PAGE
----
mdh.sePublications
Change search
CiteExportLink to record
Permanent link

Direct link
Cite
Citation style
  • apa
  • ieee
  • modern-language-association-8th-edition
  • vancouver
  • Other style
More styles
Language
  • de-DE
  • en-GB
  • en-US
  • fi-FI
  • nn-NO
  • nn-NB
  • sv-SE
  • Other locale
More languages
Output format
  • html
  • text
  • asciidoc
  • rtf
Work Conditions, Recovery and Health: A Study among Workers within Pre-School, Home Care and Social Work
Stockholm Univ, S-10691 Stockholm, Sweden .
Mälardalen University, School of Health, Care and Social Welfare, Health and Welfare. Stockholm Univ, Dept Psychol, S-10691 Stockholm, Sweden .ORCID iD: 0000-0001-7405-0025
Karolinska Inst, Dept Clin Neurosci, Div Insurance Med, Stockholm, Sweden.
2014 (English)In: British Journal of Social Work, ISSN 0045-3102, E-ISSN 1468-263X, Vol. 44, no 6, 1654-1672 p.Article in journal (Refereed) Published
Abstract [en]

The study investigated the working conditions associated with the accumulation of stress and lack of recovery and how recovery is related to health. The study group was employed in pre-school, home care and social work (n = 193). Recovery was assumed to be an explanatory variable for the relations between work and health. The response rate on a survey was 79 per cent. Cluster analysis identified three groups: the 'Recovered' (36 per cent of the total group) and 'Not Recovered' (25 per cent) and the 'In-between' (39 per cent). The Not Recovered displayed the whole chain of risk factors, involving difficult working conditions to which they responded with increased compensatory strategies. Despite this group having significantly greater reports of ill health, work absenteeism was not greater, which is likely related to their substituting sickness absence with sickness presence. As many as 43 per cent of the social workers were found to belong to the Not Recovered group. Multiple regression analyses controlling for background variables revealed that the Not Recovered group had a significantly higher relative risk for poor self-rated health than those in the Recovered group. Even sharper increases in relative risk existed for the other five symptoms that were analysed. Practical implications and new research questions are discussed.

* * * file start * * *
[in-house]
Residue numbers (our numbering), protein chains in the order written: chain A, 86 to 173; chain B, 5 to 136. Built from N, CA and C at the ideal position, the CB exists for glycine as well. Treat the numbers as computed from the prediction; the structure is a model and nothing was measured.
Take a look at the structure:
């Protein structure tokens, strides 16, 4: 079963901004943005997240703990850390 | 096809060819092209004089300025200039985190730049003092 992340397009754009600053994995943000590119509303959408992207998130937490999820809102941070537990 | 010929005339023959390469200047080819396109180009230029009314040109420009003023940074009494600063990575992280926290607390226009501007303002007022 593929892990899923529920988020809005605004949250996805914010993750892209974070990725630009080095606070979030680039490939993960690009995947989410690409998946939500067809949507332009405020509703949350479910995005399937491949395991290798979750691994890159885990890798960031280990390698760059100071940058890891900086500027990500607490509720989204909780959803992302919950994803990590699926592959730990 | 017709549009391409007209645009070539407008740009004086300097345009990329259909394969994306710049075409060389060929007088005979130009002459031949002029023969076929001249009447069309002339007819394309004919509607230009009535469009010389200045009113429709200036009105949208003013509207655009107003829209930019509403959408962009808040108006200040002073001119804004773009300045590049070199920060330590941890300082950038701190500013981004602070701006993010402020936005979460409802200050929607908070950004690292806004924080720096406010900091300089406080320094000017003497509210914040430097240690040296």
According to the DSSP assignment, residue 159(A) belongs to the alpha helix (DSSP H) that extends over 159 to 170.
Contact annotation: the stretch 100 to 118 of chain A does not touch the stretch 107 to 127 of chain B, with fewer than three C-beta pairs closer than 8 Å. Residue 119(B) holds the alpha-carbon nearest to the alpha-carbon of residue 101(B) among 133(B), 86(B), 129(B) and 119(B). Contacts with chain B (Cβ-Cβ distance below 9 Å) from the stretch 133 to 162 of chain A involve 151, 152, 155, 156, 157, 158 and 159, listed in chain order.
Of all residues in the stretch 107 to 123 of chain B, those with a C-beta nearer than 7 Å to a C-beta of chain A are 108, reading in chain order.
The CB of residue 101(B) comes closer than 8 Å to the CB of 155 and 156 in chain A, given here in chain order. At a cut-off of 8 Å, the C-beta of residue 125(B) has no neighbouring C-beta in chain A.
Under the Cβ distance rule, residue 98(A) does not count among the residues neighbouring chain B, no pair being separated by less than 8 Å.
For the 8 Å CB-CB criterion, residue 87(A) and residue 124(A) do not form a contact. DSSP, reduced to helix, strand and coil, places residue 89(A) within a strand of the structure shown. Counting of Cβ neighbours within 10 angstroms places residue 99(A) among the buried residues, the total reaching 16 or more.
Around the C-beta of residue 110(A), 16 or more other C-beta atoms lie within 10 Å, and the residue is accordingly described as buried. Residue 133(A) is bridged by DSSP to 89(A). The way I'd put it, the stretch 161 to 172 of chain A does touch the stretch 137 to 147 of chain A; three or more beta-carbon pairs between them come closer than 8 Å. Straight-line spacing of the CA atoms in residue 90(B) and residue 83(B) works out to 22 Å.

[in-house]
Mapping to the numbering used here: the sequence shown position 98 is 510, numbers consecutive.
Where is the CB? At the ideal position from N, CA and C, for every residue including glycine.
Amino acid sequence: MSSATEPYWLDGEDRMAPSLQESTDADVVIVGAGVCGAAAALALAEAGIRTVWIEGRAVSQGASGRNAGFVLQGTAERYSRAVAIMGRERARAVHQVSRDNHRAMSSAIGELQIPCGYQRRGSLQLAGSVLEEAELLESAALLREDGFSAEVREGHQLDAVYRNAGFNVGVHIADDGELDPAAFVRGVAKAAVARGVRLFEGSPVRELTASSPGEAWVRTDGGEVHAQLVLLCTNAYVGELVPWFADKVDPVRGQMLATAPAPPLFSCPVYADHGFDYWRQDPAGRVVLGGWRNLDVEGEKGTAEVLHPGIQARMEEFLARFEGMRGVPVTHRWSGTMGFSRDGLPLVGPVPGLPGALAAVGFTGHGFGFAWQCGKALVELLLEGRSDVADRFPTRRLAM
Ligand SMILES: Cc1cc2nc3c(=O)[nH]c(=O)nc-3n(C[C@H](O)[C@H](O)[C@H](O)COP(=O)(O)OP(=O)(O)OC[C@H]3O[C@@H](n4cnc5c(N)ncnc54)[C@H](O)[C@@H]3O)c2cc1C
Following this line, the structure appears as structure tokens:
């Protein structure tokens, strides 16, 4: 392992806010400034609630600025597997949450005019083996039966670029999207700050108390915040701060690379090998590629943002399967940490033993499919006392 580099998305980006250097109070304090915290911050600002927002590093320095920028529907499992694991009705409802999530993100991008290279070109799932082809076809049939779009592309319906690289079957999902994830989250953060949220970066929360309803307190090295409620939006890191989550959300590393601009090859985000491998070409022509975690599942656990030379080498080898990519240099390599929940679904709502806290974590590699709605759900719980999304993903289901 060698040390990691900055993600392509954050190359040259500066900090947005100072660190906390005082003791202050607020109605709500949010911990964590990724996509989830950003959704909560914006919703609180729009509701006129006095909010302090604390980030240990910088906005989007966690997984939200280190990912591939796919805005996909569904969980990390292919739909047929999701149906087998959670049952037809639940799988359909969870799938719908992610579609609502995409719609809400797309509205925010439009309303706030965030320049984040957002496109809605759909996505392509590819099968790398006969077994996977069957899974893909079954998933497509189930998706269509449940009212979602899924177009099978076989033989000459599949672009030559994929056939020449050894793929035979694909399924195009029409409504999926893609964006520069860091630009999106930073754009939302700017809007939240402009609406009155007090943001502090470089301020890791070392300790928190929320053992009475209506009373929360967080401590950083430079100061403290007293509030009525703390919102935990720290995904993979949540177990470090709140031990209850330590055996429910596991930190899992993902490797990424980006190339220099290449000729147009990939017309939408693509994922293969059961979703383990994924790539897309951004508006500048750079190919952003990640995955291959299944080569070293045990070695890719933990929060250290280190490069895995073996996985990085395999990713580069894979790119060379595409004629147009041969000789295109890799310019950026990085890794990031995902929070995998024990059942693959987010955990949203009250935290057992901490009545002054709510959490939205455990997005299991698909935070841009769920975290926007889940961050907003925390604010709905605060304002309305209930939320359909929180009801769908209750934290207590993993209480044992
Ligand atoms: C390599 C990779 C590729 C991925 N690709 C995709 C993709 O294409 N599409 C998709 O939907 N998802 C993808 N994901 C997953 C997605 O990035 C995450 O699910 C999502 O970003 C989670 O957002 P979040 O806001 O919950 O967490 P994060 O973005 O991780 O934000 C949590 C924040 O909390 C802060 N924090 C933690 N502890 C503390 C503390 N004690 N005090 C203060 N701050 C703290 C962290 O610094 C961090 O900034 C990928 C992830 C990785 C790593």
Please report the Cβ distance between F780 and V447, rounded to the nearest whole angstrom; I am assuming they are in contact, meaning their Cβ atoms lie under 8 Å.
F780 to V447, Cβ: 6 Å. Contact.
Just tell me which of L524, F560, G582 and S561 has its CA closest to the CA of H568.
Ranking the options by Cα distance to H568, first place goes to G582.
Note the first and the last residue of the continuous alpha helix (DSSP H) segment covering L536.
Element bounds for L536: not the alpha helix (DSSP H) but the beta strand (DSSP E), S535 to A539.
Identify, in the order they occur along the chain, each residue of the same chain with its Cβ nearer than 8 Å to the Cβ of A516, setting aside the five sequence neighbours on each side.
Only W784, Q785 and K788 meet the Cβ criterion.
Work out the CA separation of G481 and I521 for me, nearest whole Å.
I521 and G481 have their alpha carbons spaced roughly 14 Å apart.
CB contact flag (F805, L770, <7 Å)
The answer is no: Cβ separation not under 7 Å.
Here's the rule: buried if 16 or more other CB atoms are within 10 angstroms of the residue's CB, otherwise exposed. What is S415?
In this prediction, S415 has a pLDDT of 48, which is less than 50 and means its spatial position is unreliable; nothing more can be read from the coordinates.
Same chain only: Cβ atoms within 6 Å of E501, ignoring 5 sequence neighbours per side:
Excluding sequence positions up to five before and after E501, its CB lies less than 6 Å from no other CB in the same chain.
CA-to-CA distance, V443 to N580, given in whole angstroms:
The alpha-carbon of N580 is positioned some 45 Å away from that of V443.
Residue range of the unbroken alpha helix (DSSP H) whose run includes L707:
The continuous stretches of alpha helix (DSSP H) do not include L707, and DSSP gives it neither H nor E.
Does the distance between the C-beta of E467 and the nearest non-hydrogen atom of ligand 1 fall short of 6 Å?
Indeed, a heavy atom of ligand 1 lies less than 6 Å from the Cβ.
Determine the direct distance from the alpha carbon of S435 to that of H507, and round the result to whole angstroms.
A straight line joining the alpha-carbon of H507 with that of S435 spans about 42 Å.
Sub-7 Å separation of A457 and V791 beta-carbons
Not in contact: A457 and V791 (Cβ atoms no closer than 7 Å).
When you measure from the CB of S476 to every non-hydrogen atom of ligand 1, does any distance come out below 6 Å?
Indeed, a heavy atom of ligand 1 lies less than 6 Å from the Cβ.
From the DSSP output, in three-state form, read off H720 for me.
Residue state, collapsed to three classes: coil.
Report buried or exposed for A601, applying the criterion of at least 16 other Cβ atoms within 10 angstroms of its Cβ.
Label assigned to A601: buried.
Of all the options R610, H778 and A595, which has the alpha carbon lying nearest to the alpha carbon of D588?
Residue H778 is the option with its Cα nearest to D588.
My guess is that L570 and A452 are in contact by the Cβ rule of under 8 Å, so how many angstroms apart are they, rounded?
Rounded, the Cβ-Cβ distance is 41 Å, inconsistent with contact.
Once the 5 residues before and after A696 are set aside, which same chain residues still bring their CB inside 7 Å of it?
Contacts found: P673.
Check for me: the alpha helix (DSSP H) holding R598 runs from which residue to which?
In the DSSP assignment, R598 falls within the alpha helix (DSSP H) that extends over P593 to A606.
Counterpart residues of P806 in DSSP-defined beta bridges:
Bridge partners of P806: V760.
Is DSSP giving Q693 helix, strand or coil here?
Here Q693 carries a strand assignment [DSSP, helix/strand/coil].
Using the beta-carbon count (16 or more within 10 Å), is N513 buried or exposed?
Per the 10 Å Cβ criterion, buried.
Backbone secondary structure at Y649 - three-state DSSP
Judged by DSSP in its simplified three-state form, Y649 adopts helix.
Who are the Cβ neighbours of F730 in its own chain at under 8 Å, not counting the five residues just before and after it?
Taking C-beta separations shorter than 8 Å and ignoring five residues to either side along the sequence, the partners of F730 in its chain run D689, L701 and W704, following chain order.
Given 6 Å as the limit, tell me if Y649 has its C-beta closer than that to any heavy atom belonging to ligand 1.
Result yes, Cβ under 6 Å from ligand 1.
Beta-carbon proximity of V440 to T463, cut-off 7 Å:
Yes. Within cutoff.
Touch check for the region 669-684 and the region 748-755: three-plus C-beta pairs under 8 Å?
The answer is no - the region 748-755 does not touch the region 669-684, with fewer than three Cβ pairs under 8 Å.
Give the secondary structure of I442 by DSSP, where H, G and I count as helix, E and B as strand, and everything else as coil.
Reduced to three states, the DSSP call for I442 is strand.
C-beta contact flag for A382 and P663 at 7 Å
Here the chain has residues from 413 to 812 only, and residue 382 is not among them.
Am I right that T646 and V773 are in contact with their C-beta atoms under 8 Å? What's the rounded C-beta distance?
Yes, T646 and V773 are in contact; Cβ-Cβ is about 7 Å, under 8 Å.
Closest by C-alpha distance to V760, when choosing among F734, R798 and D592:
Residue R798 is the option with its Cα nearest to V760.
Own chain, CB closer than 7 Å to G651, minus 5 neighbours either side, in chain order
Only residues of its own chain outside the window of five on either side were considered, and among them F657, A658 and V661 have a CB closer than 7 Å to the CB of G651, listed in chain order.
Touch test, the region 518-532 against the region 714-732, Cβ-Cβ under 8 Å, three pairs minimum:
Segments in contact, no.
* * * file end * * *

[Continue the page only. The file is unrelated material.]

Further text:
Place, publisher, year, edition, pages
2014. Vol. 44, no 6, 1654-1672 p.
National Category
Health Sciences
Identifiers
URN: urn:nbn:se:mdh:diva-26483DOI: 10.1093/bjsw/bct036ISI: 000342988900018OAI: oai:DiVA.org:mdh-26483DiVA: diva2:761564
Available from: 2014-11-07 Created: 2014-11-07 Last updated: 2014-11-14Bibliographically approved

Open Access in DiVA

No full text

Other links

Publisher's full text

Search in DiVA

By author/editor
Astvik, Wanja
By organisation
Health and Welfare
In the same journal
British Journal of Social Work
Health Sciences

Search outside of DiVA

GoogleGoogle Scholar

Altmetric score

Total: 130 hits
CiteExportLink to record
Permanent link

Direct link
Cite
Citation style
  • apa
  • ieee
  • modern-language-association-8th-edition
  • vancouver
  • Other style
More styles
Language
  • de-DE
  • en-GB
  • en-US
  • fi-FI
  • nn-NO
  • nn-NB
  • sv-SE
  • Other locale
More languages
Output format
  • html
  • text
  • asciidoc
  • rtf